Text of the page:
History of water availability in the Rockies shows trouble ahead

Scott Johnson

Dillion Reservoir outside of Dillon, Colorado

Communities in the Rocky Mountain region of North America rely on snowmelt to provide water for drinking, sanitation, irrigation, and industry. Snow, which falls in the mountains during the winter, acts like a massive frozen water tower, providing a steady supply of water throughout the drier summer months. Water usage in many cities is growing rapidly, and some are already encountering the limits of water availability. The threat of climate change looms large—warming temperatures would push the snowline to higher elevations, decreasing the capacity of that frozen water tower.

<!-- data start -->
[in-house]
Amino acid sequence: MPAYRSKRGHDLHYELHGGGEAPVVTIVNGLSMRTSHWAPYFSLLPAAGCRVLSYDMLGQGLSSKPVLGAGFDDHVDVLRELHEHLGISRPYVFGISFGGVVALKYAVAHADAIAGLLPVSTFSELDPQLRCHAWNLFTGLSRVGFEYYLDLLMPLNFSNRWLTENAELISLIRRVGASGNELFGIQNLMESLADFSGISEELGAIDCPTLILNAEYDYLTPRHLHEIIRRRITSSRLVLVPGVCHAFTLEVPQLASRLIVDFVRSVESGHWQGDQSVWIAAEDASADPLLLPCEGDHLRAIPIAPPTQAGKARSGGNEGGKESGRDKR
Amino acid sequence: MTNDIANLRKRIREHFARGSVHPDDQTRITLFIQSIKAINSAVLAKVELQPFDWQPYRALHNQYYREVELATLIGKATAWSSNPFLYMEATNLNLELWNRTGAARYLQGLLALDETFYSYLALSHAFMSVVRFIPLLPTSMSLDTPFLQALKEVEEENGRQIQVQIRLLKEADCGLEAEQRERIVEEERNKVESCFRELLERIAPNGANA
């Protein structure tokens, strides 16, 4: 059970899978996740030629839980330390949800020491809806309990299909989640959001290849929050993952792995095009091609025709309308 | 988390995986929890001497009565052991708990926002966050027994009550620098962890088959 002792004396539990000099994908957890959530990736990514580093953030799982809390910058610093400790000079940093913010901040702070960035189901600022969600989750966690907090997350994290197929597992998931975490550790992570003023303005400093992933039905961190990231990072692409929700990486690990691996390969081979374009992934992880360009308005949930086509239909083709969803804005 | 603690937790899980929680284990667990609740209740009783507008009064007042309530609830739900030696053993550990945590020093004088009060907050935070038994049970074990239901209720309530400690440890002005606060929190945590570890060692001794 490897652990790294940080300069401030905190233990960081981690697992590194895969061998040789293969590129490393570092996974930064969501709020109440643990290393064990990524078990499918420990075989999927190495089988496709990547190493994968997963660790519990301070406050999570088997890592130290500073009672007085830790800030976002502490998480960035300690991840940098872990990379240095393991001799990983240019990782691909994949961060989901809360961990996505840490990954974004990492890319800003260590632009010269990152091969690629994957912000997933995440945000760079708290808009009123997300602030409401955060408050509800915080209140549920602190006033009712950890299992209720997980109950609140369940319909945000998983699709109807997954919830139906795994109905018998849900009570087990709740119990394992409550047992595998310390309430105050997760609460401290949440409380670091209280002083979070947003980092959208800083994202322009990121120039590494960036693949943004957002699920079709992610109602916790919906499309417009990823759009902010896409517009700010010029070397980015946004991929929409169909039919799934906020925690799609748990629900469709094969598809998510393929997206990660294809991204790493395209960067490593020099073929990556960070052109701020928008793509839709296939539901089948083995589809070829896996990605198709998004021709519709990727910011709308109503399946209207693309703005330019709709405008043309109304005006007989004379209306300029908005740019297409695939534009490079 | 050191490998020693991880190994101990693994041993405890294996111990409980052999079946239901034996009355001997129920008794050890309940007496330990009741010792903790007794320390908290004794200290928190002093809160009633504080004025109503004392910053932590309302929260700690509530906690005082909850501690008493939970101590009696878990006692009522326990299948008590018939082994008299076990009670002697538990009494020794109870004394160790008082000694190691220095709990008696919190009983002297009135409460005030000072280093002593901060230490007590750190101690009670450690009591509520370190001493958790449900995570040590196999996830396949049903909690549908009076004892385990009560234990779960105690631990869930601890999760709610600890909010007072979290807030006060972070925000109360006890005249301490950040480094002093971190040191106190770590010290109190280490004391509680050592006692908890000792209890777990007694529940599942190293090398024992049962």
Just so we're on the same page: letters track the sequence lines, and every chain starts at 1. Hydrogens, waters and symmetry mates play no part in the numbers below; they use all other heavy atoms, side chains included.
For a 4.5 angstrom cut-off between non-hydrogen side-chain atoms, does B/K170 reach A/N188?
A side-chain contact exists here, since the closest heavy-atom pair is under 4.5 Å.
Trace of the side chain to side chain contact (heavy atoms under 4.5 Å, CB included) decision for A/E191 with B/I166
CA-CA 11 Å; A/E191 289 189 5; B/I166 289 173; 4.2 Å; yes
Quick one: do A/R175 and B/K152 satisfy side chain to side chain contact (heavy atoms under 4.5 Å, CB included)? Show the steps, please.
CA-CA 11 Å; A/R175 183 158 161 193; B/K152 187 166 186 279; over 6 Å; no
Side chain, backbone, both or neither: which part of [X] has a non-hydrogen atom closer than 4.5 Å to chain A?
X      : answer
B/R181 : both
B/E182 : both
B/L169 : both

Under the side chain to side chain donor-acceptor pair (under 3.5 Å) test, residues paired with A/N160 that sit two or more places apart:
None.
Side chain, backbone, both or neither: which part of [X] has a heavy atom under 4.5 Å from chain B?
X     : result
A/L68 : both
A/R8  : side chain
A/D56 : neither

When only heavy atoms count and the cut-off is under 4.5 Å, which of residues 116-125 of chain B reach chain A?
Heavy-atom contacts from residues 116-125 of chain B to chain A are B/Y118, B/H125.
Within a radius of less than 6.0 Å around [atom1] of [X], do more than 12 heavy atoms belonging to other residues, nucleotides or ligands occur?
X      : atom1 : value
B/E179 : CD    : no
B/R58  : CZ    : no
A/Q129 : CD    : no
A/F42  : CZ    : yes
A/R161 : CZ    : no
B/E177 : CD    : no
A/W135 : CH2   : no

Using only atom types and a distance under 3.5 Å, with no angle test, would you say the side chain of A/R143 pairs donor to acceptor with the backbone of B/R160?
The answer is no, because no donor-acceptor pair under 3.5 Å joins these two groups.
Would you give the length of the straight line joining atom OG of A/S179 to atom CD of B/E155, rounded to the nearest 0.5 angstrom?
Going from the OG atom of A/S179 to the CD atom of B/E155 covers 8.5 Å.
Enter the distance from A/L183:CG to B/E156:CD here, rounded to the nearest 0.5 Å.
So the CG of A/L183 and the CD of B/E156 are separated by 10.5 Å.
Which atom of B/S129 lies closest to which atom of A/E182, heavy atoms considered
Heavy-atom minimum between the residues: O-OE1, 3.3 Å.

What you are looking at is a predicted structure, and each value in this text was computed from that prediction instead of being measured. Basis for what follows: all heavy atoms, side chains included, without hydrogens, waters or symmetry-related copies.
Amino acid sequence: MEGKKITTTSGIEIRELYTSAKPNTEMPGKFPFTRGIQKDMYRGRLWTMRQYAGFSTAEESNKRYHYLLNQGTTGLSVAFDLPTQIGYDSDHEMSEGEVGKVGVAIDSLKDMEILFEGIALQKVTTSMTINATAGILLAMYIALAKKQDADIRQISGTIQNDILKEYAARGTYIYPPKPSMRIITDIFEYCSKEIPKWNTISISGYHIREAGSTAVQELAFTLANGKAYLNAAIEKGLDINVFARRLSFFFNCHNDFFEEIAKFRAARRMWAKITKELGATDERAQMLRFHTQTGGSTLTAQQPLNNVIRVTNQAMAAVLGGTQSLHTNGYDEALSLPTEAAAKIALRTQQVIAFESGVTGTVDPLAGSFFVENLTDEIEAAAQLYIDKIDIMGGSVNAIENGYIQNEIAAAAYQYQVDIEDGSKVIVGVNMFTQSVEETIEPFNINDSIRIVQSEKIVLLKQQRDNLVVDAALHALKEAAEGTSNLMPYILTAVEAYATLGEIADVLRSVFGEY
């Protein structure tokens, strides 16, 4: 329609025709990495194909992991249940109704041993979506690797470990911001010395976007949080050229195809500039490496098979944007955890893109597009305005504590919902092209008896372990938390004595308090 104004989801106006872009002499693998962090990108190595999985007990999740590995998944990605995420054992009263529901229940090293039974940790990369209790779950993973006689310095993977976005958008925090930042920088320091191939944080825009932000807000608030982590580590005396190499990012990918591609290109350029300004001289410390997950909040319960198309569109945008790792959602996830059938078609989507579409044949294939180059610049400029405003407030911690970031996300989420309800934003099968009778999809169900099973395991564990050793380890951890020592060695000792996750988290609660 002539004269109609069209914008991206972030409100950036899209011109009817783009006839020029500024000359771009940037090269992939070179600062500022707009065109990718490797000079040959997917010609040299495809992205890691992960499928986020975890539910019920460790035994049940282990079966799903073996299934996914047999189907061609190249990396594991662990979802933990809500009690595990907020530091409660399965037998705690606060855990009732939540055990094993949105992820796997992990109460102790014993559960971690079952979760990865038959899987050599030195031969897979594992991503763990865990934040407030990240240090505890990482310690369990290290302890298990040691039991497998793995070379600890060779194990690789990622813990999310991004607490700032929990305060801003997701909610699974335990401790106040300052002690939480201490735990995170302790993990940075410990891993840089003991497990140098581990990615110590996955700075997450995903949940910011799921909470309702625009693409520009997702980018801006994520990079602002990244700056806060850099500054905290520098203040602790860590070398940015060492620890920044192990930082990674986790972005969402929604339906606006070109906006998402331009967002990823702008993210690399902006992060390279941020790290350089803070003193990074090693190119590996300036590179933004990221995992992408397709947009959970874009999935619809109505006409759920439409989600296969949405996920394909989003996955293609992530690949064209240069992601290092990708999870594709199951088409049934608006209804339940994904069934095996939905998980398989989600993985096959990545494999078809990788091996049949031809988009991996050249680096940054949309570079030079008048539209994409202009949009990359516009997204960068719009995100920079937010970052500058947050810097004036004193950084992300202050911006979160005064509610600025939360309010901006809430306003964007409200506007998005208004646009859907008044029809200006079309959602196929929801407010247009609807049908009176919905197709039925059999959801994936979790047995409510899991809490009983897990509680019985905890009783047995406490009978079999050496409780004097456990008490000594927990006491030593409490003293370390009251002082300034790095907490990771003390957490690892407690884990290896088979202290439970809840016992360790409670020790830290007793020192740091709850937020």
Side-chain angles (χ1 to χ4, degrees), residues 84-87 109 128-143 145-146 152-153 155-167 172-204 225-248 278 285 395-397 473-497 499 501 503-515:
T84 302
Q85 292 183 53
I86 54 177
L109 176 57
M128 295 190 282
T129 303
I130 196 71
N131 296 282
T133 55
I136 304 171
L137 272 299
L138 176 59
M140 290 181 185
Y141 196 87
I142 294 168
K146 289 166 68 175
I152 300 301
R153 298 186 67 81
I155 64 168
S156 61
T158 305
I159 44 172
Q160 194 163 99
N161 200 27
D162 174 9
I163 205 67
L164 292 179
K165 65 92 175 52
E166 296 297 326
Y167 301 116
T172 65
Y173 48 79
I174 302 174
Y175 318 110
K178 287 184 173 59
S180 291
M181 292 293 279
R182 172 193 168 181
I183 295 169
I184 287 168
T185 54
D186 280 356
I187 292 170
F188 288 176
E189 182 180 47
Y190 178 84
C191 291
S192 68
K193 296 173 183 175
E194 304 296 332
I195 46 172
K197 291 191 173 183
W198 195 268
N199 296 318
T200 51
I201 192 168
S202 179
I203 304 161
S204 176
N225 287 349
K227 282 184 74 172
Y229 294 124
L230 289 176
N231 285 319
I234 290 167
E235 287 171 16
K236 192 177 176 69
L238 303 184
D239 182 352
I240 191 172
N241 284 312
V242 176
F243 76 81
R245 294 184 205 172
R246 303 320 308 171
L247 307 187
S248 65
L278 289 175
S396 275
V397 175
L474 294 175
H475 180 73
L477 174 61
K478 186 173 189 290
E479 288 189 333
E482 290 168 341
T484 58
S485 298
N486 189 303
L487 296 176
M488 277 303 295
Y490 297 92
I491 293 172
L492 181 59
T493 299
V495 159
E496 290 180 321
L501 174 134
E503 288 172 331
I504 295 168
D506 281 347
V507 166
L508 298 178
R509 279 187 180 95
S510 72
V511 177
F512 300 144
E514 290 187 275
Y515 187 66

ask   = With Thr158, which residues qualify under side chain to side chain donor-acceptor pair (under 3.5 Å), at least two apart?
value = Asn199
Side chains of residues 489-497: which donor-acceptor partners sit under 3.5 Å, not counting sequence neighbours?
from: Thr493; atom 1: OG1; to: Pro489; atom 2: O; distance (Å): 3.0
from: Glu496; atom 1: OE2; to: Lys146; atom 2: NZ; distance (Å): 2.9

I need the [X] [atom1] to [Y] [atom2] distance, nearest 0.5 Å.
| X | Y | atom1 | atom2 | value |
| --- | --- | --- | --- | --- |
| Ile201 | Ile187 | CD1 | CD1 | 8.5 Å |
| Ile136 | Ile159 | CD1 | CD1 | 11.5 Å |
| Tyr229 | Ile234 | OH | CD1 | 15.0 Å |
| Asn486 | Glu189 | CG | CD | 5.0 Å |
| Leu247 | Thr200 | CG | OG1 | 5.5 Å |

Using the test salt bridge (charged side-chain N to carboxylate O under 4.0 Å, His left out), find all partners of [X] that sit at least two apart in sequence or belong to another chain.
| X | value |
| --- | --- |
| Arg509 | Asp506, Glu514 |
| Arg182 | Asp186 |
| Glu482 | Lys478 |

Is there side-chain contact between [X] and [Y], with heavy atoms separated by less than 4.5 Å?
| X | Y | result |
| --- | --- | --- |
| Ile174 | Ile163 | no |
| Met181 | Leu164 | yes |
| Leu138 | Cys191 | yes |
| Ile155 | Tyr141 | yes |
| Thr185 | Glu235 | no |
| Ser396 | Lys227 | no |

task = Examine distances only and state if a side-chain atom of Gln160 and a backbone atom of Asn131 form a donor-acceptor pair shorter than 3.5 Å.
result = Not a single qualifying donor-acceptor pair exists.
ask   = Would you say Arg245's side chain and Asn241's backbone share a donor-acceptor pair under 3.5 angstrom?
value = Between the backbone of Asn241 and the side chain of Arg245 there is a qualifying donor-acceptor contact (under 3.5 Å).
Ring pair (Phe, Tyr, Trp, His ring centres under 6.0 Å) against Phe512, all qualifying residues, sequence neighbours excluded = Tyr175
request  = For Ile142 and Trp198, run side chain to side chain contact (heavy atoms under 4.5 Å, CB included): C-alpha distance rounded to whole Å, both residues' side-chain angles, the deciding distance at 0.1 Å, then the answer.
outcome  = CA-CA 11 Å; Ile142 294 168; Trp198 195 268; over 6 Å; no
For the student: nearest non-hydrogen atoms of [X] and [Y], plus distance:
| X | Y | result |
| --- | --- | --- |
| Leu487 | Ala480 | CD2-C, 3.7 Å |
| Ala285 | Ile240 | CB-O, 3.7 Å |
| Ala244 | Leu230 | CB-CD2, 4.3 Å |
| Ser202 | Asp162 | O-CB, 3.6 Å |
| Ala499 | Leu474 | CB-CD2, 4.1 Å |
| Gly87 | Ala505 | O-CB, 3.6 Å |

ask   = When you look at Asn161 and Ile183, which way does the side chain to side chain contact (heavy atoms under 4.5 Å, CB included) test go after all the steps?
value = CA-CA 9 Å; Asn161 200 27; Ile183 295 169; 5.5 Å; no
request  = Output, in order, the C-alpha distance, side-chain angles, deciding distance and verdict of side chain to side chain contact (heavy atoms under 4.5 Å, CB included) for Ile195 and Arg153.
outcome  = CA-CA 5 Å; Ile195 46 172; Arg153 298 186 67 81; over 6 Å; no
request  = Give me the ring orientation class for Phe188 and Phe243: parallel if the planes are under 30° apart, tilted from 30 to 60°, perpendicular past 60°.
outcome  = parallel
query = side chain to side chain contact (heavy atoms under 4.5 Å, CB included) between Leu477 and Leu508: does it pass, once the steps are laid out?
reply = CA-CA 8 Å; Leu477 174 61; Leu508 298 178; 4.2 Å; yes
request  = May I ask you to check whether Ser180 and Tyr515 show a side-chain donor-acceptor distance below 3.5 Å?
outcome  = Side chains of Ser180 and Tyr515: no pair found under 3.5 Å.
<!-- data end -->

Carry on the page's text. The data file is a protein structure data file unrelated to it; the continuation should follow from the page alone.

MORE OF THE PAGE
Two recent papers shed some light on the long-term history of water availability in the region to provide insights into the current situation, as well as a future outlook.

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